Sea Shepherd Conservation Society is inviting people to an evening with Captain Paul Watson.

On the 24th of November, Sea Shepherd Brisbane will be holding a fundraiser at the Museum of Brisbane from 6:30pm until 8:30pm, in support of Sea Shepherds upcoming Whale defense campaign, Operation Waltzing Matilda.

To reserve your tickets e-mail:

Silent Auction and news on the upcoming Antarctic Campaign with special guest speakers Terri Irwin & Amy Barker

Time Magazine proclaimed Captain Paul Watson as one of the top twenty environmental heroes of today.

By Graham Readfearn in Courier Mail (18 November 2009):

THE bureaucrat investigating the SuperGP debacle has been handed a blueprint for a festival that could revitalise Gold Coast tourism.

Greenstock could replace roaring V8s with a more planet-friendly event, with the potential to draw young environmentalists from around the globe to share knowledge and see acts such as Sting, Justin Timberlake, and Kings of Leon.

The $20 million plan by Brisbane-based entrepreneur Colman Ridge depends on a $5.8 million injection from the State Government, and has already secured the support of Gold Coast Mayor Ron Clarke, the United Nations and an international talent agency.

Mr Ridge proposes to roll his successful Greenfest yearly environmental expo, currently held in Brisbane, in with six music and film stages, a major green games event at Main Beach and an “Economy Hub” at the Gold Coast Convention Centre.

On Tuesday, Mr Ridge presented the Greenstock plan to David Williams, the Government-appointed consultant preparing a report on the future of the motor race for Premier Anna Bligh.

This year’s Super GP was hit with controversy when the drawcard international A1GP race was cancelled just days before the event.

“It will transform the region from an icon of the high-carbon economy to a world leader of the low-carbon economy,” Mr Ridge said.

“We are looking for half of what the Government put into the A1GP.

“With the motor race you have a very narrow demographic with fences and road blocks.

“Greenstock is gentler, more inclusive. It’s about having a good time that’s healthy for yourself, your family, the community and the planet.

“We expect to attract 200,000 in the first year and then grow significantly past Indy numbers from there. Super GP was down to just under 200,000 this year. We plan to hand back the highway to the residents of the coast.”

A letter of support from Los Angeles-based Creative Artists Agency states the company would be willing to help promote the event. Currently on CAA’s books are Justin Timberlake, Sting, Bob Dylan, Stevie Wonder, Santana, Kings of Leon and The Spice Girls. Australian acts include The Living End, The Veronicas, AC/DC and Keith Urban.

The United Nations Environment Programme has written to Ms Bligh encouraging support of Greenstock.

Gold Coast Mayor Ron Clarke, who met Mr Ridge’s team last Friday, said: “I think this is a great proposal – a wonderful alternative and a positive event that would attract great attention. I would be advocating this (to Premier Bligh) for sure.”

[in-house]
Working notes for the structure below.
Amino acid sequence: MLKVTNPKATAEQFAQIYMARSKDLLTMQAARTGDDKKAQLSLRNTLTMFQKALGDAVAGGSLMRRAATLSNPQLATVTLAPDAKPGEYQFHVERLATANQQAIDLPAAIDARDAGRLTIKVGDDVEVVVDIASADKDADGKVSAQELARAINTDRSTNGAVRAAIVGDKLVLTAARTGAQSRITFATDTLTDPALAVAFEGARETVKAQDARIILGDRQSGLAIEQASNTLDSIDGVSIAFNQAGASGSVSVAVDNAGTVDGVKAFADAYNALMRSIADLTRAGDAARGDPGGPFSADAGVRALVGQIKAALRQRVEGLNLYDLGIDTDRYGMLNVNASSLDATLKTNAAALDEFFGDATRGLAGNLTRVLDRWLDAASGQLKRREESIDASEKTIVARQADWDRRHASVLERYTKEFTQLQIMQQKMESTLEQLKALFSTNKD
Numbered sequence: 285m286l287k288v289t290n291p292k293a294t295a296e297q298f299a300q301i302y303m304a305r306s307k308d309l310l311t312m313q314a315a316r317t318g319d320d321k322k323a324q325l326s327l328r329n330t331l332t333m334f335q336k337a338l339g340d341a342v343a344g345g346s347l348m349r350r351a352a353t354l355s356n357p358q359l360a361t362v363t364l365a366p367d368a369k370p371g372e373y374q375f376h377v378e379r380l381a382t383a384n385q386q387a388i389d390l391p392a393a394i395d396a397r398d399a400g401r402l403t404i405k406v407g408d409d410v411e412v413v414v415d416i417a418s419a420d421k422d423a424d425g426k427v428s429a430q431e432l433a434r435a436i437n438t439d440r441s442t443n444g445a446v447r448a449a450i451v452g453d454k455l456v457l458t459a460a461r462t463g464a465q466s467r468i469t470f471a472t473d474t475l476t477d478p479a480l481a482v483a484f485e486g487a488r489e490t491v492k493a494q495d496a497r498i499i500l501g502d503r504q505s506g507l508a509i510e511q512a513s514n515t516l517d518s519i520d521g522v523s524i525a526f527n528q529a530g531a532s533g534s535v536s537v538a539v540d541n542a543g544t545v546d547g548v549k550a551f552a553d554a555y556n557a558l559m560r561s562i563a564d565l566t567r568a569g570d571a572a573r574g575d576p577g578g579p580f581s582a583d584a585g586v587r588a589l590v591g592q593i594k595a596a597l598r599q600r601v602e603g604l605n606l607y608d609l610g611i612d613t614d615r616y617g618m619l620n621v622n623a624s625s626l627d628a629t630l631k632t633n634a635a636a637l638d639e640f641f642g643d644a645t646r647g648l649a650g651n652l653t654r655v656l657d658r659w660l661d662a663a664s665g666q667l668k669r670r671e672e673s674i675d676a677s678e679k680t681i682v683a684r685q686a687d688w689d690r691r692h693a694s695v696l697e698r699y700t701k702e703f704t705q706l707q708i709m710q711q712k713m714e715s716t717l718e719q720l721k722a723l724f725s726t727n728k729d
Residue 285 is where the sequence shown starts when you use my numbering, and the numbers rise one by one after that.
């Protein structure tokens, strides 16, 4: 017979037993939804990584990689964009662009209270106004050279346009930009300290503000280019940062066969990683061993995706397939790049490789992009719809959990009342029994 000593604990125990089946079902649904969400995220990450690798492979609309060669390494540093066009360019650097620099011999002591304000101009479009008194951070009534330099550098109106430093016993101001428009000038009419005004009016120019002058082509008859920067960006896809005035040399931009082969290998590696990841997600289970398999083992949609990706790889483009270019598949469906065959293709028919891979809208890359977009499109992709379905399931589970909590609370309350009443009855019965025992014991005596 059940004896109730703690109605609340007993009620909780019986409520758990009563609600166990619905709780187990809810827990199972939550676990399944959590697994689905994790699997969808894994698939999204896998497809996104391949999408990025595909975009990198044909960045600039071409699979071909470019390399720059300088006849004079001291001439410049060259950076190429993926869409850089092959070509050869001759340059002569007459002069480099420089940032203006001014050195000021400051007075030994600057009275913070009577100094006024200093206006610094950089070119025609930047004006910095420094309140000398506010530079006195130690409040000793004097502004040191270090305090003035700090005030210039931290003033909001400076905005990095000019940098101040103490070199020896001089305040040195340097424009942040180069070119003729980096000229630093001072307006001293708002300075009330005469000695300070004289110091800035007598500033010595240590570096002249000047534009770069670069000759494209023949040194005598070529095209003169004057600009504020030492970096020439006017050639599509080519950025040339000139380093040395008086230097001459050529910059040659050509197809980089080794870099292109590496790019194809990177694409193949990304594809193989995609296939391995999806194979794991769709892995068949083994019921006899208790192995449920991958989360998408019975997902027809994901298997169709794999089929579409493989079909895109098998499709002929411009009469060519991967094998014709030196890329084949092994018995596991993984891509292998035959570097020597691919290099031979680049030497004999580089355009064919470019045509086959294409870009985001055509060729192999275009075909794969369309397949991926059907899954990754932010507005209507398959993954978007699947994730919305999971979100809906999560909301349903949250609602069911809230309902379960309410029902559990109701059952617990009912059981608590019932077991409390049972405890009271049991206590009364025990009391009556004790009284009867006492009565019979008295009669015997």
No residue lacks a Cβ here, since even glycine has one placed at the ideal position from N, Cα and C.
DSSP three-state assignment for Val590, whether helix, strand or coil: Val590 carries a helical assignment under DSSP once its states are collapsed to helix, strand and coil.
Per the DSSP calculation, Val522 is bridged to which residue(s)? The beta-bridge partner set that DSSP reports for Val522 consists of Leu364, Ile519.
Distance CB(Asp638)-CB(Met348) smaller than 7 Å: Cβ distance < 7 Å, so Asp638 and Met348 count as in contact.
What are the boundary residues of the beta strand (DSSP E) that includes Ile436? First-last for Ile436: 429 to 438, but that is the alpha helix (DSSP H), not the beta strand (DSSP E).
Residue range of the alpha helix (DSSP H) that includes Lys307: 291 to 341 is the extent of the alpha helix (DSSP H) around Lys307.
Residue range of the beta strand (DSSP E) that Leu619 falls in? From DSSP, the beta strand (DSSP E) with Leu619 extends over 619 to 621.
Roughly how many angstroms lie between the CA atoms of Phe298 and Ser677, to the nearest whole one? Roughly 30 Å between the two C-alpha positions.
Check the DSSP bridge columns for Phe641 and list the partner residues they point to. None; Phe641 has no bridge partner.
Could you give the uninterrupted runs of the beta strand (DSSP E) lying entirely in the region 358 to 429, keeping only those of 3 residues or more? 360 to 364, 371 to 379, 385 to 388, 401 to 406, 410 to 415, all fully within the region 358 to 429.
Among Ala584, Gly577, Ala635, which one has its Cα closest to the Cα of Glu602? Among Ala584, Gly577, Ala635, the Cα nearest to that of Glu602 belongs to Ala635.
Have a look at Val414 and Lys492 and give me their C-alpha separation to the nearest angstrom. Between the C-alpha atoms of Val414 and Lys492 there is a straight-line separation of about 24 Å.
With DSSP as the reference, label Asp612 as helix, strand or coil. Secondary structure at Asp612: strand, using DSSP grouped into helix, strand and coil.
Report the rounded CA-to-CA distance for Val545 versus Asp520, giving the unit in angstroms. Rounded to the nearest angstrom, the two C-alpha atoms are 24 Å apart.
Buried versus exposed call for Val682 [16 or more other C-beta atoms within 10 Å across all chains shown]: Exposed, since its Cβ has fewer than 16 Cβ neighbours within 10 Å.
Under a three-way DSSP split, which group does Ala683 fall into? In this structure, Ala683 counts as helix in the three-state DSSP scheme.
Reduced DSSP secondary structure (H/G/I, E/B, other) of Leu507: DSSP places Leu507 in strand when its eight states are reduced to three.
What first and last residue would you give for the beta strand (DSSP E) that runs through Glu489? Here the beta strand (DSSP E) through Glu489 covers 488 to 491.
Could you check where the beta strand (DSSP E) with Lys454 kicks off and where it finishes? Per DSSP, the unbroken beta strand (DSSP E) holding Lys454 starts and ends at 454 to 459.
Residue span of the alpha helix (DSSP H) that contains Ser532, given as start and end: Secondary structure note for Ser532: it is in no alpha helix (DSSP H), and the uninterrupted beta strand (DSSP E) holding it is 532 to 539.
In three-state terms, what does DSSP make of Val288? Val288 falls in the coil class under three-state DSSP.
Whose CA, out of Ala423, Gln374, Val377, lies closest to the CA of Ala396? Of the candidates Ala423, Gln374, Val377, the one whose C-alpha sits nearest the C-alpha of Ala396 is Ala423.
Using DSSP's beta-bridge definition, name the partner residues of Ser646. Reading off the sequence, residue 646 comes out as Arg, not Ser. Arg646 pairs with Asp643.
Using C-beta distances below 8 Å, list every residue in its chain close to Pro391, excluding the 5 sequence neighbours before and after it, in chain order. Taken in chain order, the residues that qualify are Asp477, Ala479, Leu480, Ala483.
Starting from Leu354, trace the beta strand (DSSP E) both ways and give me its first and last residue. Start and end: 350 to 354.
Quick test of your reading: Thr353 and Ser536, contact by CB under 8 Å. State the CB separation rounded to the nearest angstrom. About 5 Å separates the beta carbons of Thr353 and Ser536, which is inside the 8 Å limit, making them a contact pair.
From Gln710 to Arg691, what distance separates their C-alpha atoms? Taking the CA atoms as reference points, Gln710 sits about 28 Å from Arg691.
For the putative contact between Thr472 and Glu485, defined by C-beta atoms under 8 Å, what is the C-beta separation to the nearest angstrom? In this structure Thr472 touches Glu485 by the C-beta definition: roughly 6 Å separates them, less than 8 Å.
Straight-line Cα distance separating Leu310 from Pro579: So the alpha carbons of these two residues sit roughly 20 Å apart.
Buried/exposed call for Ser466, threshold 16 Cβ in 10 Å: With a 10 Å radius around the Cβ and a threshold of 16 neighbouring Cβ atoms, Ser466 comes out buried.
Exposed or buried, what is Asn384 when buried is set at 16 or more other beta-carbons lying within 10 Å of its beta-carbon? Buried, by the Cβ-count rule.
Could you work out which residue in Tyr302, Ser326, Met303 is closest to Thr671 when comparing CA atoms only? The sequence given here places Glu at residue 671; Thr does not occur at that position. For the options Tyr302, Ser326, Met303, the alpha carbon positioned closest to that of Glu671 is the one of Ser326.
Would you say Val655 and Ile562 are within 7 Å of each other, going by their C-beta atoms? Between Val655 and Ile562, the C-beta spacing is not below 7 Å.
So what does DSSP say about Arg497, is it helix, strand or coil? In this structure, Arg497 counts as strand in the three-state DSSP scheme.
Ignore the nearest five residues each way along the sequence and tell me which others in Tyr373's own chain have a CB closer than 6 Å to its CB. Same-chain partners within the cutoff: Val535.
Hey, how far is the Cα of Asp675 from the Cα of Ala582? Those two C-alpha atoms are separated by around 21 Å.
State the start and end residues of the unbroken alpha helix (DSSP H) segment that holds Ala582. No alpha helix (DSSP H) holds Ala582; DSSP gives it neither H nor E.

Where Angels Fear to Tread

Posted by admin on November 21, 2009
Posted under Express 85

Where Angels Fear to Tread

Britain’s small wind sector is booming despite the recession as many rural homes, farms or small businesses are putting up turbines to counter higher energy prices and blackouts, while for years one northern industrial city had a reputation blackened by coal dust, clanking shipyards and smoke-belching factories. Now Newcastle is Britain’s greenest city. The Angel of the North is Newcastle’s iconic statue.

Peter Griffiths for Reuters World Environment News (20 November 2009):

For decades, Newcastle upon Tyne was blackened by coal dust and known around the world for its clanking shipyards and smoke-belching factories.But after years of redevelopment following its industrial decline, the northern metropolis has been transformed and was named on Thursday as Britain’s “greenest” city.

It pushed last year’s winner Bristol down to second place, with Brighton on the south coast ranked third in the annual list compiled by Forum for the Future, an environmental think-tank.

Newcastle won praise for its excellent air quality, low levels of waste, low carbon emissions and high recycling rates.

“Cities with an industrial heritage face genuine challenges, but Newcastle’s success shows that it is possible to overcome the legacy of the past,” said forum Chief Executive Peter Madden.

The third annual “Sustainable Cities” study ranked 20 places based on 13 factors, including recycling, pollution and how they plan to respond to the threat of climate change.

With a regenerated quayside, new arts centers and a lively nightlife, Newcastle and neighboring Gateshead have radically changed since their industrial heyday.